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FR&A For analytical purposes, the effects of capitalizing interest can be reversed by making the following adjustments: Interest

that was capitalized during the year should be added to interest expense. The amount of interest capitalized is disclosed in the financial statement footnotes. Capitalized interest, net of depreciation recognized to date, should be removed from assets and shareholders' equity. The allocation of interest capitalized in previous years should be removed from depreciation expense. Interest that was capitalized during the year is classified as a cash outflow from investing activities. For analysis, it should be added back to cash How from investing activities and subtracted from cash How from operating activities. Ratios such as interest coverage and profitability ratios should be recalculated with the restated figures. The interest coverage ratio and net profit margin will likely be lower without capitalization. Let's work through an extended example of the financial statement effects of capitalizing interest. If expenditure is expensed, current period net income is reduced by the after-tax amount of the expenditure.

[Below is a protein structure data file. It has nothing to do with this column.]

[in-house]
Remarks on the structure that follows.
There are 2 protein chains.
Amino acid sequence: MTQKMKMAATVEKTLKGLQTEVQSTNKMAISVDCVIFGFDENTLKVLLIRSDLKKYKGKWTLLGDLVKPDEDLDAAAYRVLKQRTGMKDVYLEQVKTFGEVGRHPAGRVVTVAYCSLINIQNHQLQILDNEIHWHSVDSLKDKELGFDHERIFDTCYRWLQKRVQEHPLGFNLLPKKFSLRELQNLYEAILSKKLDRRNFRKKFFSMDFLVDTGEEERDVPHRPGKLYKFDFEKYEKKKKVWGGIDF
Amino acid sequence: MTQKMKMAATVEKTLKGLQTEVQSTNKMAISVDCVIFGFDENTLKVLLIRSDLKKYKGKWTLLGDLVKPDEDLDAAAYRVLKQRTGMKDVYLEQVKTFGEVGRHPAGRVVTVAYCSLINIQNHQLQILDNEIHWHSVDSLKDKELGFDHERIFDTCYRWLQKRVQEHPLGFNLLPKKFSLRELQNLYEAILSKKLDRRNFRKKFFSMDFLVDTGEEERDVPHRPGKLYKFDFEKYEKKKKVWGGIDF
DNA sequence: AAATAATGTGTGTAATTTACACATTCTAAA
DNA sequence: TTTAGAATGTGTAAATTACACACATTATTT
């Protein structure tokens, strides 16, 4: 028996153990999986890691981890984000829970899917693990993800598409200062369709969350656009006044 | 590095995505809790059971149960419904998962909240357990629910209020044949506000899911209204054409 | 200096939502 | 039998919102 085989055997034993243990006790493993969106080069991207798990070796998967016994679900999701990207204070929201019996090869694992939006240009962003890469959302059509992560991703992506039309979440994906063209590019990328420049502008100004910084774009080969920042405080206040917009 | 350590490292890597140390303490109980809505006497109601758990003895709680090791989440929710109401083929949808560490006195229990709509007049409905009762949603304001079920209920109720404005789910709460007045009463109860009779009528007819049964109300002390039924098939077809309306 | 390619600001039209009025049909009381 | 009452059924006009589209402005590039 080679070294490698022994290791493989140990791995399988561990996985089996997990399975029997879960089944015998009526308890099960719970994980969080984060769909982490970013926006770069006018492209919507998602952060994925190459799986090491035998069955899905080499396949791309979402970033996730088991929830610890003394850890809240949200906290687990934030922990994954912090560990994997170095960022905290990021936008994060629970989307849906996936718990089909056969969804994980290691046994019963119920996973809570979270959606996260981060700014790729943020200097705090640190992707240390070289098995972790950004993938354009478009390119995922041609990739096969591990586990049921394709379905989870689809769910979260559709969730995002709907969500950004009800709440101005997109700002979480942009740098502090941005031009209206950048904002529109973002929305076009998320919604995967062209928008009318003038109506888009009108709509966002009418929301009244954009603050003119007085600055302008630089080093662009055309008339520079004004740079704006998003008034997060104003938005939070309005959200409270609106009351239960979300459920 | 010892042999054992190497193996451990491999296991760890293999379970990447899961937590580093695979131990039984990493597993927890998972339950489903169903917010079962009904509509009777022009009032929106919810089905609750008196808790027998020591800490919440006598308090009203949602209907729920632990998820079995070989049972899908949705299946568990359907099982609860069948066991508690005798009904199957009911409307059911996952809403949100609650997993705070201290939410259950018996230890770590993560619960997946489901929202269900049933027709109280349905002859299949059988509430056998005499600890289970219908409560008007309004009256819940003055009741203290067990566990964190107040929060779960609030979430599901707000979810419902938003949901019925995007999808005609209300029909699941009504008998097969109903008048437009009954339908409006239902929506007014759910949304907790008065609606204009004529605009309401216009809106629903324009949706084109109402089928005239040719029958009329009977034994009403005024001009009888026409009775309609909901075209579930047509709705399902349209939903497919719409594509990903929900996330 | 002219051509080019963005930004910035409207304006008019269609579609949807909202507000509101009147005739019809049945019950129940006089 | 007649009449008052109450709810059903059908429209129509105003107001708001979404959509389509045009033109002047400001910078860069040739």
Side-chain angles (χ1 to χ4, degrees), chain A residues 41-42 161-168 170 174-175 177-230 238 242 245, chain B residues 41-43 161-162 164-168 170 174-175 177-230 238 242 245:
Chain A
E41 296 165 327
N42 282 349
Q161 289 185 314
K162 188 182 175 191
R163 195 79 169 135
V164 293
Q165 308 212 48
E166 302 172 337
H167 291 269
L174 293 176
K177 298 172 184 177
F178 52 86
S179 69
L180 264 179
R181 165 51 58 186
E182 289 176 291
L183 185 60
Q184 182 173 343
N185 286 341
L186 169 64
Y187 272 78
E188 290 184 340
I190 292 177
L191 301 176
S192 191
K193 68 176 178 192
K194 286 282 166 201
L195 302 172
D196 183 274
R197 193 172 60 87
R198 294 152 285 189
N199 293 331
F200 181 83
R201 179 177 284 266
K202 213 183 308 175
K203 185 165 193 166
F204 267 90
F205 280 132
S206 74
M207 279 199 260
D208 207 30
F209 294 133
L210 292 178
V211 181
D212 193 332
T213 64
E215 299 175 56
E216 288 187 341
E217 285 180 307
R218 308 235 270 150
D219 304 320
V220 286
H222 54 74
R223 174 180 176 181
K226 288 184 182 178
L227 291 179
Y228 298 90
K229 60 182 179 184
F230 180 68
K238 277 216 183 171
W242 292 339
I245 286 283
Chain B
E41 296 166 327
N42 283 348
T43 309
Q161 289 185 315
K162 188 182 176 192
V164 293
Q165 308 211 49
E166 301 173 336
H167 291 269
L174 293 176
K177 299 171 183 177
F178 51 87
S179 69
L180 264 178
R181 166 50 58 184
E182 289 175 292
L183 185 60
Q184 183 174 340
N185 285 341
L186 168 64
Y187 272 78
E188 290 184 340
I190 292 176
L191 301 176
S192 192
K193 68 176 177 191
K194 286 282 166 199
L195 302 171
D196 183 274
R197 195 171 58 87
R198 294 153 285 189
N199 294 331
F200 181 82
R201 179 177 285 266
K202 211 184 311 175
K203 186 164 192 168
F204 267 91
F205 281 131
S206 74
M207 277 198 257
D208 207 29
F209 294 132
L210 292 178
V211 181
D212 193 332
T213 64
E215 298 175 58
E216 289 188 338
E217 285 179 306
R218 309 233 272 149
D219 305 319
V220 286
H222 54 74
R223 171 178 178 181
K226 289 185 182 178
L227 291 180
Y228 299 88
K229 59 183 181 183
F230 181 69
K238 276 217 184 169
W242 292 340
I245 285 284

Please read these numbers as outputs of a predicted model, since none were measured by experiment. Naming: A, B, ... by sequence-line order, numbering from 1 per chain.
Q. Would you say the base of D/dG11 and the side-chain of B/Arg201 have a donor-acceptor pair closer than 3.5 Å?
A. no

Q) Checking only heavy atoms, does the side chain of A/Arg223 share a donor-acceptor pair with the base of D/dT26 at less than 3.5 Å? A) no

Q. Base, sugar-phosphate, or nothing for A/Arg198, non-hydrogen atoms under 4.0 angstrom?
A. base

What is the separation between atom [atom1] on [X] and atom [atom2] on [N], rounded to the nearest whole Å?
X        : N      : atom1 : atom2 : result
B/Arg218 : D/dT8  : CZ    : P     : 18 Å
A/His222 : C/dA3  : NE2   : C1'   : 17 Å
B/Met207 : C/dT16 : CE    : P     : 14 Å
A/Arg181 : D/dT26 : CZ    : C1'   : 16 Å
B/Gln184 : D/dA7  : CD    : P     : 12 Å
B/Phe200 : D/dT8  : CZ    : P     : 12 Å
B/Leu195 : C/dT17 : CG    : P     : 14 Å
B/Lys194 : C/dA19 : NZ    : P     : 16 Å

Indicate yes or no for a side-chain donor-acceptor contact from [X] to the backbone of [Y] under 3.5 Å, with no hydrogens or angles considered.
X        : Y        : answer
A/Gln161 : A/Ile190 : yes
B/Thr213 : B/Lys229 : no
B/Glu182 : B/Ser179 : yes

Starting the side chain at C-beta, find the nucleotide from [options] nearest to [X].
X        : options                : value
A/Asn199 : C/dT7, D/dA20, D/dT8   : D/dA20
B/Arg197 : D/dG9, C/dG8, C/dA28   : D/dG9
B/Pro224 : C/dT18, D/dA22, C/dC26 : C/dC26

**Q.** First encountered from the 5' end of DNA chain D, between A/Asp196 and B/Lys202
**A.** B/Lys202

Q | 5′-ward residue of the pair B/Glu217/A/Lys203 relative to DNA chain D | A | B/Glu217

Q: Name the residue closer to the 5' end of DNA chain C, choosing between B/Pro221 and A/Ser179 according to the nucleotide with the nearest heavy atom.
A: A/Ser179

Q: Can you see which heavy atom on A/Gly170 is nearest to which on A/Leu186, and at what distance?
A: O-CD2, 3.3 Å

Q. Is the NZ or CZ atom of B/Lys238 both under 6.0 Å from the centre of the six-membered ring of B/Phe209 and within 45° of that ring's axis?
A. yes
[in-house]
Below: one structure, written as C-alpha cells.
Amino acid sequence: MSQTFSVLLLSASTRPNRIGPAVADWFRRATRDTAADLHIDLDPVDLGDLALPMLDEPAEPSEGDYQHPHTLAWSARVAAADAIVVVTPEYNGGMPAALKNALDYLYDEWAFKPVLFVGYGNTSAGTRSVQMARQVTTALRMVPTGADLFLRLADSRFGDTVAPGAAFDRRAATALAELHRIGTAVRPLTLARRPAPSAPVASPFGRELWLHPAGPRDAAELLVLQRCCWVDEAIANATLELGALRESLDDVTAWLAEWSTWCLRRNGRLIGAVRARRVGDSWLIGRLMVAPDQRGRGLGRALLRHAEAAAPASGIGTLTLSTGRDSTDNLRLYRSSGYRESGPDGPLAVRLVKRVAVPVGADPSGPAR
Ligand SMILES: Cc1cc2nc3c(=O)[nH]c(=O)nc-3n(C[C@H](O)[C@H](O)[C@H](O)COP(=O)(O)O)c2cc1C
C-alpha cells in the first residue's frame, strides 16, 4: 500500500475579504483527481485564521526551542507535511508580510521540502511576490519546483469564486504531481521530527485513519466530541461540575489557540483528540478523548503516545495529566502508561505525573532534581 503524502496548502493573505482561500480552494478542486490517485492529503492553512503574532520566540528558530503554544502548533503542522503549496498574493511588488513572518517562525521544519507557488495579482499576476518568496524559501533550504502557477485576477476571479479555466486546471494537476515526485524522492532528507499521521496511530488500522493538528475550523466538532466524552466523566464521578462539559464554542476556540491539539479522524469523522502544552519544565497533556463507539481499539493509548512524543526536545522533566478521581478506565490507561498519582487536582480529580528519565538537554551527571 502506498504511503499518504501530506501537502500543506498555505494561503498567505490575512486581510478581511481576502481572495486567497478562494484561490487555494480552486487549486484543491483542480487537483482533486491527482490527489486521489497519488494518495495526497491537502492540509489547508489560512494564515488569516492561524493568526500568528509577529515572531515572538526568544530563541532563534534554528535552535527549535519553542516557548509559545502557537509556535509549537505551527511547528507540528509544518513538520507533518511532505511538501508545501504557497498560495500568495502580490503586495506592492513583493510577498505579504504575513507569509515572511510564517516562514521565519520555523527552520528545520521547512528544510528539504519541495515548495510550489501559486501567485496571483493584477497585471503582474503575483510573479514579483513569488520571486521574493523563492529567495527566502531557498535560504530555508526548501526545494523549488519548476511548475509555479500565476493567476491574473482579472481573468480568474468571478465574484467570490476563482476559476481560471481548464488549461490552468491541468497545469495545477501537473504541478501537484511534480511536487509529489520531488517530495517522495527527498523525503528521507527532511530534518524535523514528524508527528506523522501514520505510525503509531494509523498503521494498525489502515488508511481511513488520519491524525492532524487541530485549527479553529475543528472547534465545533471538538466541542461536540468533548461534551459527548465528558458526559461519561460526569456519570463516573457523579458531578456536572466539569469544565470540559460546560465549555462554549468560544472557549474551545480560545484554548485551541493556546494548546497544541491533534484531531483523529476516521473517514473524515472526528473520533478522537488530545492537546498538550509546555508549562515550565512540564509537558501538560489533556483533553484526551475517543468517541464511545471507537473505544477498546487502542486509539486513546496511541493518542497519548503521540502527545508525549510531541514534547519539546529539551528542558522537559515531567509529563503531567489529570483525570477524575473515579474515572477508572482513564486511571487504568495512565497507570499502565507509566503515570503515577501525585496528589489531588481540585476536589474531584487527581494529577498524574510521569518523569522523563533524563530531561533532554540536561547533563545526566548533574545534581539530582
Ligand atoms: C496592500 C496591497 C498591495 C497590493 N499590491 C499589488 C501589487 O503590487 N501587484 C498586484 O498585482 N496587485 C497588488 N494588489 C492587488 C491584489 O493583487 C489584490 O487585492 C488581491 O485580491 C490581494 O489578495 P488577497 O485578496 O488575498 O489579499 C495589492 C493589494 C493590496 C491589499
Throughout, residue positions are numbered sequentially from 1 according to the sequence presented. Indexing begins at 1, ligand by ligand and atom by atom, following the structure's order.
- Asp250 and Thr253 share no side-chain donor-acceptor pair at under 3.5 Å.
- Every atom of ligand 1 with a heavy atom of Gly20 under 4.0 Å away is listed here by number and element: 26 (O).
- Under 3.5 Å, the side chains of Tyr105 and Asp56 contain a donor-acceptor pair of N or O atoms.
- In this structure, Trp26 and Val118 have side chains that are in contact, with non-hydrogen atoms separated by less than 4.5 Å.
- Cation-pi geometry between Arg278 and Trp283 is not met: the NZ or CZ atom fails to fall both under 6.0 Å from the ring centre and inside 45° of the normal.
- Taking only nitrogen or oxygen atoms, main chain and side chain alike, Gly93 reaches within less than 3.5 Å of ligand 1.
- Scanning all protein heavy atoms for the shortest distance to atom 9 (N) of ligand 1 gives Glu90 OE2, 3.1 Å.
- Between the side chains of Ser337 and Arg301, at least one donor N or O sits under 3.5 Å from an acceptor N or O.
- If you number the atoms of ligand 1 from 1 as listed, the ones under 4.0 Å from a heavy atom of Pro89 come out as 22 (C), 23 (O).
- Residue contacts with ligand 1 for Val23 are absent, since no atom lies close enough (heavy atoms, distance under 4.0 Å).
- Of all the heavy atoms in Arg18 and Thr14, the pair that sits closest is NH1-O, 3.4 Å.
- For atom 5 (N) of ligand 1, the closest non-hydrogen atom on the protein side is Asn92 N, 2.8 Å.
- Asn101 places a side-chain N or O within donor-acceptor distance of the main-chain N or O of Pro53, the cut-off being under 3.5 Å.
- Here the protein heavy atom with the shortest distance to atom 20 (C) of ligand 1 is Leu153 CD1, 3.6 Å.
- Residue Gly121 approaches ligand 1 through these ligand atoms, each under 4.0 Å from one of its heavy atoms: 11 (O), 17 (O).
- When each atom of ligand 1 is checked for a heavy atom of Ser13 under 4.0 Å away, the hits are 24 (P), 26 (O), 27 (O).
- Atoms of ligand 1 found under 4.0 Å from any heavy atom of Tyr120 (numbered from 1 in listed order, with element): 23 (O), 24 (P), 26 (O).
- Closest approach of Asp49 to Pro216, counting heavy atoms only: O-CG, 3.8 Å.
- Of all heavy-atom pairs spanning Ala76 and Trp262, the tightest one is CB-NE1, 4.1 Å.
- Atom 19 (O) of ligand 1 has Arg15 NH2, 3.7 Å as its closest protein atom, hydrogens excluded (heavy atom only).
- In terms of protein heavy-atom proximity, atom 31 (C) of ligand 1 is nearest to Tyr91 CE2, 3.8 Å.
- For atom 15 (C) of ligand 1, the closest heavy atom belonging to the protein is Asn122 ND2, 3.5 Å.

With some exceptions, costs incurred by the firm to create intangible assets are expensed as incurred. Important exceptions are research and development costs and software development costs. IFRS: An asset is impaired when its carrying (book) value (original cost less accumulated depreciation) exceeds the recoverable amount. The recoverable amount is the greater of "fair value less any selling costs" and the "value in use." Value in is the present value of the future cash Bow stream from continued use. If impaired, the asset is written-down on the balance sheet to the recoverable amount, and an impairment loss, equal to the excess of carrying value over the recoverable amount, is recognized in the income statement. US GAAP: Revocability: An asset is considered impaired if the carrying value (original cost less accumulated depreciation) is greater than the asset's future undiscounted cash flow stream. The excess of carrying value over the fair value of the asset (or the discounted value of the future cash flows if the fair value is not known), is recognized as impairment loss in the income statement.